Just thought of another one! Toyota should spin off Land Cruiser as a stand alone brand and sell the FJ40, J70, J60, J80, and J100 along side the J200 all at different price points. Jeep should respond and do the same with the CJ7, TJ, and JK/JKU.

    Reply
  7. Matt

    It’s a common misconception, but the Astro was not really related to the S10. It was a parts bin amalgam of C10, Caprice/B body and even Cadillac Commercial Chassis elements from day one. The S10 didn’t even share the same 5 on 5″ bolt pattern with the Astro and full size trucks. There was the 4.3, the black painted dog dish hubcaps, and that was about it, GM offered a wheel design on both with different bolt patterns, leading to the confusion. That being said, I think something could be derived from the Colorado platform today to offer a modern equivalent…

    Reply
  8. drivindadsdodge

    when Ford announced that the Crown Vic was going away police departments stock piled them
    department service technicians loved them …police officers loved them
    rugged as a Sherman Tank

    Reply
  9. Pizzandoughnuts

    A good friend of mine drove his family in there’s for 280+, all he ever did was oil, fluid, brakes and tires on that thing.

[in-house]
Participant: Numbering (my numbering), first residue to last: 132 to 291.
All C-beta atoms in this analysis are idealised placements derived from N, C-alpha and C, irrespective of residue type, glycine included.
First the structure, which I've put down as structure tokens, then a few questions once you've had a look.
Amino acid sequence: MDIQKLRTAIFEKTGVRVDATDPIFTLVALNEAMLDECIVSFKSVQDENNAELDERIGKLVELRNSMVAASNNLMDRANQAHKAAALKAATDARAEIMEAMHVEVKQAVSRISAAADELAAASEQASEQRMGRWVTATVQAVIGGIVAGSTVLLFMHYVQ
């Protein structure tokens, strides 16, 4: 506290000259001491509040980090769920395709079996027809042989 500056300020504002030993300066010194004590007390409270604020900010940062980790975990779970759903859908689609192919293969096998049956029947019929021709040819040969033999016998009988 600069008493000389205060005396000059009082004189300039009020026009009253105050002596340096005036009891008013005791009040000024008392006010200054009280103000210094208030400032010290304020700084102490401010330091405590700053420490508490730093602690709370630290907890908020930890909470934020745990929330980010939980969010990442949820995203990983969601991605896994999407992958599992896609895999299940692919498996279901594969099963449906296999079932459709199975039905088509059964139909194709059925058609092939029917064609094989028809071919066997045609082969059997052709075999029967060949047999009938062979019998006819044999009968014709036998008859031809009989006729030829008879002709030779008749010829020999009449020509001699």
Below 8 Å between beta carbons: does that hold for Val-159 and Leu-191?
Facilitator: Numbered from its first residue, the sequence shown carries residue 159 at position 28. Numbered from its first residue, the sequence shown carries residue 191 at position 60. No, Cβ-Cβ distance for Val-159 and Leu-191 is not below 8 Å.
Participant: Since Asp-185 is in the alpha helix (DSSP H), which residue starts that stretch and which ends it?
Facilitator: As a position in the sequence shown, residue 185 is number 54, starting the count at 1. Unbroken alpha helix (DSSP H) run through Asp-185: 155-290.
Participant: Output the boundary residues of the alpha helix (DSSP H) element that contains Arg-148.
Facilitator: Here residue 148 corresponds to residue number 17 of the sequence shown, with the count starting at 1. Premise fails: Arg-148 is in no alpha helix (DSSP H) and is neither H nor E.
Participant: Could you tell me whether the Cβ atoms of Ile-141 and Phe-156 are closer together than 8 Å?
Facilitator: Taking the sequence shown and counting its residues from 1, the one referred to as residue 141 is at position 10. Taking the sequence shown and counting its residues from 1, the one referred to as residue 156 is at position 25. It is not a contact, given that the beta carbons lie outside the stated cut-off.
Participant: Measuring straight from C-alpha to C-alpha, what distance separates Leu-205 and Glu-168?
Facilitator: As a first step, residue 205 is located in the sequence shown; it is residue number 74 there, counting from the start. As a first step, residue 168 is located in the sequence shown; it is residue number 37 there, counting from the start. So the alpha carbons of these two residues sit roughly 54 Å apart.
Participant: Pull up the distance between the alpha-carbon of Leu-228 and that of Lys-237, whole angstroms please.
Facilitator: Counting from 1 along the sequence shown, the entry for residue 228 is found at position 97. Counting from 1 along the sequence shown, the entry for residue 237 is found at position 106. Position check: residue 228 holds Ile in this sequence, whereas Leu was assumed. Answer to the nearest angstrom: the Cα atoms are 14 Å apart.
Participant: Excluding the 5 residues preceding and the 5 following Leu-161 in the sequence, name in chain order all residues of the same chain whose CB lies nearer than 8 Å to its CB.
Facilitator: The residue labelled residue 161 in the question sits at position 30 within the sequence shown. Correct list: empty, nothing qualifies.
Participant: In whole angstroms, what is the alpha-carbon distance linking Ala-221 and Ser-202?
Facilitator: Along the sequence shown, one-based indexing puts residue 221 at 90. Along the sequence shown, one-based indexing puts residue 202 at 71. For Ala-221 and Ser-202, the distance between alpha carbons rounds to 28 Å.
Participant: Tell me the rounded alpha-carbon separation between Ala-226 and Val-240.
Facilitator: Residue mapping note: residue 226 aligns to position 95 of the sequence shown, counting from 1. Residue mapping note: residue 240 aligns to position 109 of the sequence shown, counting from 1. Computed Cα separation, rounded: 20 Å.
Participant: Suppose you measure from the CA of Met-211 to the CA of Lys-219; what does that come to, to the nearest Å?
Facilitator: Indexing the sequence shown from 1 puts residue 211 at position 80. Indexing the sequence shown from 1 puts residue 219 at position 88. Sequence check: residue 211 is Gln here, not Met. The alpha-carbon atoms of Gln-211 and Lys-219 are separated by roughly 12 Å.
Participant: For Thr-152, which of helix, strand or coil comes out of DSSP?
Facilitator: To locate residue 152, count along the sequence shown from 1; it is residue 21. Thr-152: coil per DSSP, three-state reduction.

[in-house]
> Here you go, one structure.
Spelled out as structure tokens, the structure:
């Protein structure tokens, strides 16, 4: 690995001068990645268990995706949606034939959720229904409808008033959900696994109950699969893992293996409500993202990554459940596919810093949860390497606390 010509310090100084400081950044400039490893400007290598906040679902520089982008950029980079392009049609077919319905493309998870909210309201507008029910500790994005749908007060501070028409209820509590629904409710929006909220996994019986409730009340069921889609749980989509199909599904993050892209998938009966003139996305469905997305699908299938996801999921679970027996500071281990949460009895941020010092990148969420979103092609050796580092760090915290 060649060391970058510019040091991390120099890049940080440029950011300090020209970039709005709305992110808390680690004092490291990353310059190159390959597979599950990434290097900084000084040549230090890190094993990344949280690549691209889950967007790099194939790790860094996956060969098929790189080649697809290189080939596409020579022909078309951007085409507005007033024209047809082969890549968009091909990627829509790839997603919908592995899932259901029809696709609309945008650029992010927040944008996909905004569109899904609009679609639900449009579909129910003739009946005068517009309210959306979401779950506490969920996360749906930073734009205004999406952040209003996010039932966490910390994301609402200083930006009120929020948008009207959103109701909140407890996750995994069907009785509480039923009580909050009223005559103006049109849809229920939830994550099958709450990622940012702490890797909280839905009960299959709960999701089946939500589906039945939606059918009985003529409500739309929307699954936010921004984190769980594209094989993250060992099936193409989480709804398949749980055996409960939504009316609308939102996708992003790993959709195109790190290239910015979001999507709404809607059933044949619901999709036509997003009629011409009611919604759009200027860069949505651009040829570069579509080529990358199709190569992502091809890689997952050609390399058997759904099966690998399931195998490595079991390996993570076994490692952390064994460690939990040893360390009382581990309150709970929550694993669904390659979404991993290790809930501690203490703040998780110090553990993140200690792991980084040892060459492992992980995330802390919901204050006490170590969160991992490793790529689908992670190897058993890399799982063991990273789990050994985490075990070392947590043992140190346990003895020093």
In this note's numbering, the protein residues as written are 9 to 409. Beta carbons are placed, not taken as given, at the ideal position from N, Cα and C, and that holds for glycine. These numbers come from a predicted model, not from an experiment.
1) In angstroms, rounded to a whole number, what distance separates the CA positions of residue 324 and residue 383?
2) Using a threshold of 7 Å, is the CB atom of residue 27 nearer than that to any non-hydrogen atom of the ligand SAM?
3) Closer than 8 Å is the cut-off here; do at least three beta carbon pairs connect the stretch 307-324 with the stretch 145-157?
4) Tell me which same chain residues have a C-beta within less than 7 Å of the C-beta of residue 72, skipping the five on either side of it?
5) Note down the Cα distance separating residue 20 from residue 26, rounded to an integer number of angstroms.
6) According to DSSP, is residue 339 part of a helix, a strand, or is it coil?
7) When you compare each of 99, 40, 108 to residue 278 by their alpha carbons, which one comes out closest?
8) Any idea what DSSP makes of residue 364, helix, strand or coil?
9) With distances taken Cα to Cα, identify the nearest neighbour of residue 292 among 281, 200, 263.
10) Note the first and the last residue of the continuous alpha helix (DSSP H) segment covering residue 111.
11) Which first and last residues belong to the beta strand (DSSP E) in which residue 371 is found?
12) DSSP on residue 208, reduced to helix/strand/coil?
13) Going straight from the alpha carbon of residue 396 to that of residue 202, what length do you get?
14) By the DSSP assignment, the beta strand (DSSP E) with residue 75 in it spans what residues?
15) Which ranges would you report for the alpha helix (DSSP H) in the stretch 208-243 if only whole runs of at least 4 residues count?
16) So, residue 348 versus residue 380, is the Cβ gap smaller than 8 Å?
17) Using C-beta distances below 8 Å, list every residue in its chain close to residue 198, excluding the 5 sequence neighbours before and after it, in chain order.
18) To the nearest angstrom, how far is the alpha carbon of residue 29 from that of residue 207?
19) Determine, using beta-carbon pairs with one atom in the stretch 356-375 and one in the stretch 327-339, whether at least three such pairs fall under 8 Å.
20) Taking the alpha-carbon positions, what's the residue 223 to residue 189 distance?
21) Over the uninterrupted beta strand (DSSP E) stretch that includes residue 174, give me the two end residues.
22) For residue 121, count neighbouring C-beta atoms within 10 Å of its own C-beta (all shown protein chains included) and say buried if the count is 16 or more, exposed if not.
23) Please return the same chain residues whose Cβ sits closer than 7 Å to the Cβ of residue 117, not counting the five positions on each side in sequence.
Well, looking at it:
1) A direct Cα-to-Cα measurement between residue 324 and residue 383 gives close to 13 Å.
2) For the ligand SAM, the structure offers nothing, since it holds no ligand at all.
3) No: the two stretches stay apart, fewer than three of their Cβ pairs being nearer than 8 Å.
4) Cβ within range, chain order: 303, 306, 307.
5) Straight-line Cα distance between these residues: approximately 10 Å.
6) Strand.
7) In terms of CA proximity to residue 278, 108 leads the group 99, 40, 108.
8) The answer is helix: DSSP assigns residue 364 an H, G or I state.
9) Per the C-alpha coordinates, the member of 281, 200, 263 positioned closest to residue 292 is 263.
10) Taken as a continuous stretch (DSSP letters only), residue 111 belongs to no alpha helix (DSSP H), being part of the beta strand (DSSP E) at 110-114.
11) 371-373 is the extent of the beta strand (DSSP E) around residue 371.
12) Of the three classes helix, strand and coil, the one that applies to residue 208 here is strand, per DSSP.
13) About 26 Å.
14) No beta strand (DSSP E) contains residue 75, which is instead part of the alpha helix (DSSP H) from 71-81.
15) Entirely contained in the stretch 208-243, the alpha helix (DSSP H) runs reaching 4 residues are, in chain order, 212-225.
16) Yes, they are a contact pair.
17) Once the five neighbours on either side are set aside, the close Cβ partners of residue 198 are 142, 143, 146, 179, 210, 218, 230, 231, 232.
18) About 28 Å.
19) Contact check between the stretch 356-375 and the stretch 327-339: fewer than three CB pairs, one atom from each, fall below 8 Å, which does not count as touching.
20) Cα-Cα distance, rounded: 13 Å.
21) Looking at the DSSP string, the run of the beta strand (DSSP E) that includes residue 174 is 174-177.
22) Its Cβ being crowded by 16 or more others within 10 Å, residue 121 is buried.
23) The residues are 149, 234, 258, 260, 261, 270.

Reply
  10. 2manybills

    I had an AWD GM version. The trannies were notoriously weak and mine was dying to the tune of 3000 bucks. I filled her with transx and traded it for an 04 Durango with a 5.7.

    These two vehicles are the reason I won’t drive GM or Chrysler vehicles.

    Please leave that b!tch dead in the grave

    Reply
  11. Don

    Nissan used this strategy, see where they are now. They are known as a bargain basement vehicle and dealers are having trouble selling the things profitably.

    Reply
    1. Nate

      except the 4.3 V6 still is around, they just don\’t put it in the trucks that actually need it,instead running a car engine in the Colorado…

      Reply